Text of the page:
It wasn’t like Art needed a place to go. He had lived the majority of his life a vagrant in the streets. But, now that Art had been given a second chance at life, he simply didn’t want to go back to being an untouchable wretch begging for scraps. He had tasted the nectar of a proper life and those delights had changed him. No, there was to be no settling for that again, if Art could help it at all. The fact remained, however, that he had to keep his head down for the time being. First thing’s first, though – he needed to get some new clothes and a bath as soon as possible. He couldn’t do much with a rot-soaked, death-scented tunic. And he certainly didn’t want to risk being caught at the public baths with nothing to wear.

An idea came to Art, one that he knew would likely land him in hot water, though not in the way that the grime on his skin demanded. If somebody was willing to act out against one of the champions of the Son, then perhaps it wasn’t Fridok alone whom they would target. The magistrate behind Art’s recent outing may simply be targeting Fridok first, before he makes a move on the estates of the other champions. If some kind of conspiracy was afoot, then others had to know, for the safety of all of them. Yes, it was time for Art to pay another visit to the house with a big hole in it.

Art slipped through the City with relative ease, finding his way by mid-day to the Caballarii mansion, where he and Fridok had undergone the Son’s ritual to create his sword. That whole experience had left Art feeling sapped of any energy for several hours afterward. When he woke up this morning, he felt similar to that night, but even worse for the wear considering the circumstances of where he was when he regained his consciousness. Hopefully the patron of the house would be a bit more welcoming to him, this time.

As he approached the mansion, Art carefully considered the flavor of the hustle he would employ in order to gain entry. He thought about the various ways he could convince the guards to let him in, including pretending to come bearing a message from Fridok, like the two of them were linked together by their minds or something. He ultimately decided against that, as the lady of the house would most likely be able to call him on his bluff with her own connection to her son being evidence against such a wild claim. It was rather ridiculous to even think of such a thing happening, after all.

There were two guards stationed at the front of the house, armed with spears. Art decided to simply present himself exactly as he was, telling the truth as much as he could remember it and lay himself at the mercy of the men there. He wasn’t convinced it would work, but he knew that to these men, honor meant everything. The hope was that they would take him at his word.

“Please!” Art cried, throwing himself at their feet. “Sanctuary!”

The guards reacted as he expected them to do, pinning him down with their spears, barring him from coming any closer. When he looked up, his most convincing waterworks on full display, he saw at least one of the men take the slightest nibble of his bait. To set the hook, Art feigned a fainting spell, lying still at their feet in a rather convincing manner. He even knew how to draw the blood away from his cheeks to really sell the whole ghastly-faced performance. As soon as he heard one guard tell the other guard to report Art’s arrival to their master, Art knew he had been successful in this part of his gambit.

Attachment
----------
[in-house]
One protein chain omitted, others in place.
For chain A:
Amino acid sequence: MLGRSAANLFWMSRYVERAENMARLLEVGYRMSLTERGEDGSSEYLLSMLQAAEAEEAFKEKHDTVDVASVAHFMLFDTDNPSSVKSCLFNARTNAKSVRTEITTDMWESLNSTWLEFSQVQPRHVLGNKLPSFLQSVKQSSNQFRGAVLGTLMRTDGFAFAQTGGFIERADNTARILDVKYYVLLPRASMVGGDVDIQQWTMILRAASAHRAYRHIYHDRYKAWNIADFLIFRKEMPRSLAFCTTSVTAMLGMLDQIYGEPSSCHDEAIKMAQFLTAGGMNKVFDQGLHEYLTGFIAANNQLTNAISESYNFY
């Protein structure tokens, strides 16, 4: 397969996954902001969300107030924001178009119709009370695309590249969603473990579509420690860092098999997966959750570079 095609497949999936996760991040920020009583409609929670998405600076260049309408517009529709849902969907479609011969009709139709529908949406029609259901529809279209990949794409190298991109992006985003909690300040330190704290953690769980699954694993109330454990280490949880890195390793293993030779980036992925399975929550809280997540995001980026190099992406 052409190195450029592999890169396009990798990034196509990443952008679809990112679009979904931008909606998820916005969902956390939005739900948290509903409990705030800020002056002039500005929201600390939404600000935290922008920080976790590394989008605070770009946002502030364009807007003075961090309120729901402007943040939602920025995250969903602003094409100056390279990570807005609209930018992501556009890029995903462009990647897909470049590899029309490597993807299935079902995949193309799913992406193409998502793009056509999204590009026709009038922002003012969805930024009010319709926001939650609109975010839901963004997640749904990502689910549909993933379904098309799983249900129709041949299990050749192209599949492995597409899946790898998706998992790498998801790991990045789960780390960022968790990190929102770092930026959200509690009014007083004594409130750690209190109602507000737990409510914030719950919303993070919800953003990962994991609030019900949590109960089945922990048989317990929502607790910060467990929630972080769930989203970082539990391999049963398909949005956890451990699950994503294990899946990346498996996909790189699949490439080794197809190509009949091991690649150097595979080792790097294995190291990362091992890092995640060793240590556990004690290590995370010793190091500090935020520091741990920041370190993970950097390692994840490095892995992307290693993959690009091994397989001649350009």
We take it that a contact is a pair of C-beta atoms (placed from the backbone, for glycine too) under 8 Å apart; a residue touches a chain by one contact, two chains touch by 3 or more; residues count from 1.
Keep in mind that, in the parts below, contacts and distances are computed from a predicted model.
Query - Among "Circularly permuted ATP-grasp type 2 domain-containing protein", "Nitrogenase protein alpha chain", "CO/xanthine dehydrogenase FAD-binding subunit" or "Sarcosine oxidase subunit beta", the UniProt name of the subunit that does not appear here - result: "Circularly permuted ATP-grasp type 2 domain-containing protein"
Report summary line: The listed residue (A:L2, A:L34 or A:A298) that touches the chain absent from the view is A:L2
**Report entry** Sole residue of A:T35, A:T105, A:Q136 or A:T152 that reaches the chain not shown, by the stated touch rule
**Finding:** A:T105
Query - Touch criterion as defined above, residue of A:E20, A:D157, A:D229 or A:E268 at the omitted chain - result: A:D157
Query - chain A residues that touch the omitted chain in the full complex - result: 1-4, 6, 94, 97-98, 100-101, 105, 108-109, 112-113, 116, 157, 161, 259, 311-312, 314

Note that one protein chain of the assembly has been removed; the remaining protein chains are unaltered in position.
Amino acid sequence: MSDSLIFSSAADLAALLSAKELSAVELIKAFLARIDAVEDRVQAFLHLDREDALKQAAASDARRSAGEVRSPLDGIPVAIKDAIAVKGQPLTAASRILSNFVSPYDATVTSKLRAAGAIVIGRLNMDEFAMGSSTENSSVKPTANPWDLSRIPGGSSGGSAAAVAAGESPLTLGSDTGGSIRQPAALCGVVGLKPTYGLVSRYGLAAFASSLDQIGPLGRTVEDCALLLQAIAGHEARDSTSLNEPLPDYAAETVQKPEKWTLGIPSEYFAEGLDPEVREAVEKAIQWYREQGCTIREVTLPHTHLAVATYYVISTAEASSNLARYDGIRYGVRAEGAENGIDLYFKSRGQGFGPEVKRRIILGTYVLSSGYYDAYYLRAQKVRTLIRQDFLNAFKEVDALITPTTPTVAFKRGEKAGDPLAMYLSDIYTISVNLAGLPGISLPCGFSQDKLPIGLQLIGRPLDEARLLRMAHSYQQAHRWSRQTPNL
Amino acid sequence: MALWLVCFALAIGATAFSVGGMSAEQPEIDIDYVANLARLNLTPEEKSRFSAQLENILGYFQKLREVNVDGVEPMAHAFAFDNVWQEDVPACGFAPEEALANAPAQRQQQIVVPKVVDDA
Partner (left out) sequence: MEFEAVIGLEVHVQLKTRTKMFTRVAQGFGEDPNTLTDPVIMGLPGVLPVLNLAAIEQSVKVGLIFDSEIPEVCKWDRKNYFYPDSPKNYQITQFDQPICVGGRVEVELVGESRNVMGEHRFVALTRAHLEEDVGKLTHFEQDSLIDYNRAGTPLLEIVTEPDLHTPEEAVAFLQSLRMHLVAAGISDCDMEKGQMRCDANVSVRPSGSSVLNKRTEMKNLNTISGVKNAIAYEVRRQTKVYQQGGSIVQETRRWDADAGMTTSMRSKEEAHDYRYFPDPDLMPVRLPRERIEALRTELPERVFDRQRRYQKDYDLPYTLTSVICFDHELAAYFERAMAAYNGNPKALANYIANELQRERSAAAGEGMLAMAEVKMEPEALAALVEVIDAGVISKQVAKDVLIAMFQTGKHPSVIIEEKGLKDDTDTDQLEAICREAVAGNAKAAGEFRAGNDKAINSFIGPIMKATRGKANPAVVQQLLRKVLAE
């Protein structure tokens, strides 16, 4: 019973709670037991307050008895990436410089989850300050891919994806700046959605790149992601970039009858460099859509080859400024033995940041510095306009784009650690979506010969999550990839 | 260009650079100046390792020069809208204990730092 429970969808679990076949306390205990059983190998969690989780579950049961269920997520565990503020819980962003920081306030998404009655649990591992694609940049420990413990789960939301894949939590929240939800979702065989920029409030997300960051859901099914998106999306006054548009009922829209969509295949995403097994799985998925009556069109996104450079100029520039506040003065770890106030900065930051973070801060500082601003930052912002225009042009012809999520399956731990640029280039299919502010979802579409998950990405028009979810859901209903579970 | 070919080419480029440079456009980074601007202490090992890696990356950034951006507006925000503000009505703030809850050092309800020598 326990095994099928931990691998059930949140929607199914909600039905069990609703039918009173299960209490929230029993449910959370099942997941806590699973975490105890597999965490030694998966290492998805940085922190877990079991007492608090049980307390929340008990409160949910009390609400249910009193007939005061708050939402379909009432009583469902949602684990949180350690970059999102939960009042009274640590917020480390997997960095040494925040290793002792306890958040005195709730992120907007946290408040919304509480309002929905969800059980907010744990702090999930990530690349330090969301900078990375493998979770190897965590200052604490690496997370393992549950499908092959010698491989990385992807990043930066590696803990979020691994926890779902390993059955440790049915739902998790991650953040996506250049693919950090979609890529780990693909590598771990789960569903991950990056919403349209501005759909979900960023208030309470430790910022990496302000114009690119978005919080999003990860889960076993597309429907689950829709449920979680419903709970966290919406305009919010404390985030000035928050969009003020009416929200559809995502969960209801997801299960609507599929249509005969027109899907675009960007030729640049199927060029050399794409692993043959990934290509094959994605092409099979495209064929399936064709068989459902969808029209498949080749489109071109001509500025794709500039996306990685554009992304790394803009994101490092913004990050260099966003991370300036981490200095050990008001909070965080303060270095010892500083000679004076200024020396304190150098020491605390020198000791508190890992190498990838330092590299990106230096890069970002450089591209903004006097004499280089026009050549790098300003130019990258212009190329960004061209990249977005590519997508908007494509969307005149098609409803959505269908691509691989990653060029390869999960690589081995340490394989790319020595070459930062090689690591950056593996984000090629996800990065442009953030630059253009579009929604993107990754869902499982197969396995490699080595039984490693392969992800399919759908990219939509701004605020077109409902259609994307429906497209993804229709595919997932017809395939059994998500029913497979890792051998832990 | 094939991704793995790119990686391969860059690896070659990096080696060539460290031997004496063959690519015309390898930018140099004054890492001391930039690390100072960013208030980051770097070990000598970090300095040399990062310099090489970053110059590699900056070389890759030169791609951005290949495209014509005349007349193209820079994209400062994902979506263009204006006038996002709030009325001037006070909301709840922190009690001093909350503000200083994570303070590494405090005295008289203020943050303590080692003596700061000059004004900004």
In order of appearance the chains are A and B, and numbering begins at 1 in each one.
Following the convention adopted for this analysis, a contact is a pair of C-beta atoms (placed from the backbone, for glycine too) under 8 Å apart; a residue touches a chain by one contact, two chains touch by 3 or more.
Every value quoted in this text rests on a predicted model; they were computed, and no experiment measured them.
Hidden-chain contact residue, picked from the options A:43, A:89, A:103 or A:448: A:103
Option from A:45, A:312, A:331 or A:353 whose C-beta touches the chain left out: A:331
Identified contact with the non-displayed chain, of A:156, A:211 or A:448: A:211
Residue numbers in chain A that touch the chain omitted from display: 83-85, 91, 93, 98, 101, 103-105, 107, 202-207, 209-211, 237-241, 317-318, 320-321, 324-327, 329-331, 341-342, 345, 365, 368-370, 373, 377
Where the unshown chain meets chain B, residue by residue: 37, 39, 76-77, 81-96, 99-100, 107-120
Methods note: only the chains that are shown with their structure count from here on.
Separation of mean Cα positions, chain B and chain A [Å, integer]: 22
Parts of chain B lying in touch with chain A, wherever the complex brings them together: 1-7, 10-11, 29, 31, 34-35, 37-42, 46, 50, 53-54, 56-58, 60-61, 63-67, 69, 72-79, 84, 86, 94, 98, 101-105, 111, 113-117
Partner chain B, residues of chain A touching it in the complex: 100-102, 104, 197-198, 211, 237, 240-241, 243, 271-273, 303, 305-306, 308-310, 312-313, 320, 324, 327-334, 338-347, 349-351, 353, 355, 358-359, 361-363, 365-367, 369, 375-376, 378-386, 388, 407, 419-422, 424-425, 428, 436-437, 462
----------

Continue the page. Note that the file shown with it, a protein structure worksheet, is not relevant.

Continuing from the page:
The remaining guard poked Art in the shoulder, which hurt like hell, but Art pushed through the pain to keep his act up. He wanted to shout out in reaction to the spear tip’s unfriendly prodding, but he knew that maintaining the charade was paramount for this whole thing to work. Just as he nearly gave in to the pain of the prodding, the other guard returned and the spear was withdrawn.

“Orders are to bring him inside. Quickly.”


Art was carried by one of the guardsmen, his body slumped over the man’s shoulder. Having the man’s shoulder bones drive into his gut was not a pleasant feeling, and reminded Art that his stomach was already on shaky ground ever since he escaped the pile of corpses in the necropolis. He held his internal contents this time, just long enough to be led through the lavish home to where he would surely be pampered again to his full strength. All he had to do was stay “unconscious” until he was in a more comfortable spot, then ask for a bath and some new clothes and request a longer stay while he figured out what that magistrate was up to. The only problem with this plan was that Art wasn’t carefully placed on a comfortable bed like a guest should be – he was plopped down in a less-than-kind way upon a large wooden table in the middle of the house.

They couldn’t even put me on a couch? They’ve got dozens!

Art lie there, waiting motionless for time to pass long enough to believably “wake up” so he could work the guards over with the next part of his scheme. With any luck, he would endear himself to the mister and misses and convince them that it was in their best interest for him to stay here for the time being.

When enough time passed to be convincing, Art opened his eyes in horror to see the pale, lifeless face of Alaric’s mother about a foot away from his own. Her lifeless body, like his, was placed there upon the table on full display. Art jolted up, panicked and slid right off of the table, crashing to the marble ground below.

“Tell me,” the voice of Alaric’s father said, “why God has decided to take away my wife, but you of all people, get to live? What justice is there in this?”

Art could see the anger in Valoricus’ reddened eyes as he spoke. It was then that Art realized that this woman’s death might somehow be connected to his own experience, whatever that was, the night before.

He didn’t understand at all what was going on, but the one thing he realized was that he might not be any safer in this mansion than he was on the streets.

“Tell me!”

Art looked sheepishly into the eyes of the man and saw something broken within him. For the first time in a long time, Art had nothing at all to say.

2 thoughts on “The Apostate Saint: Chapter 24 – The Tables of Death”

  1. I keep trying to remember what happened in the previous chapters with Art. I need a synopsis of the chapters. I have memory problems, you know. Yet, I liked the build up to his entrance back again in Alarics parents house.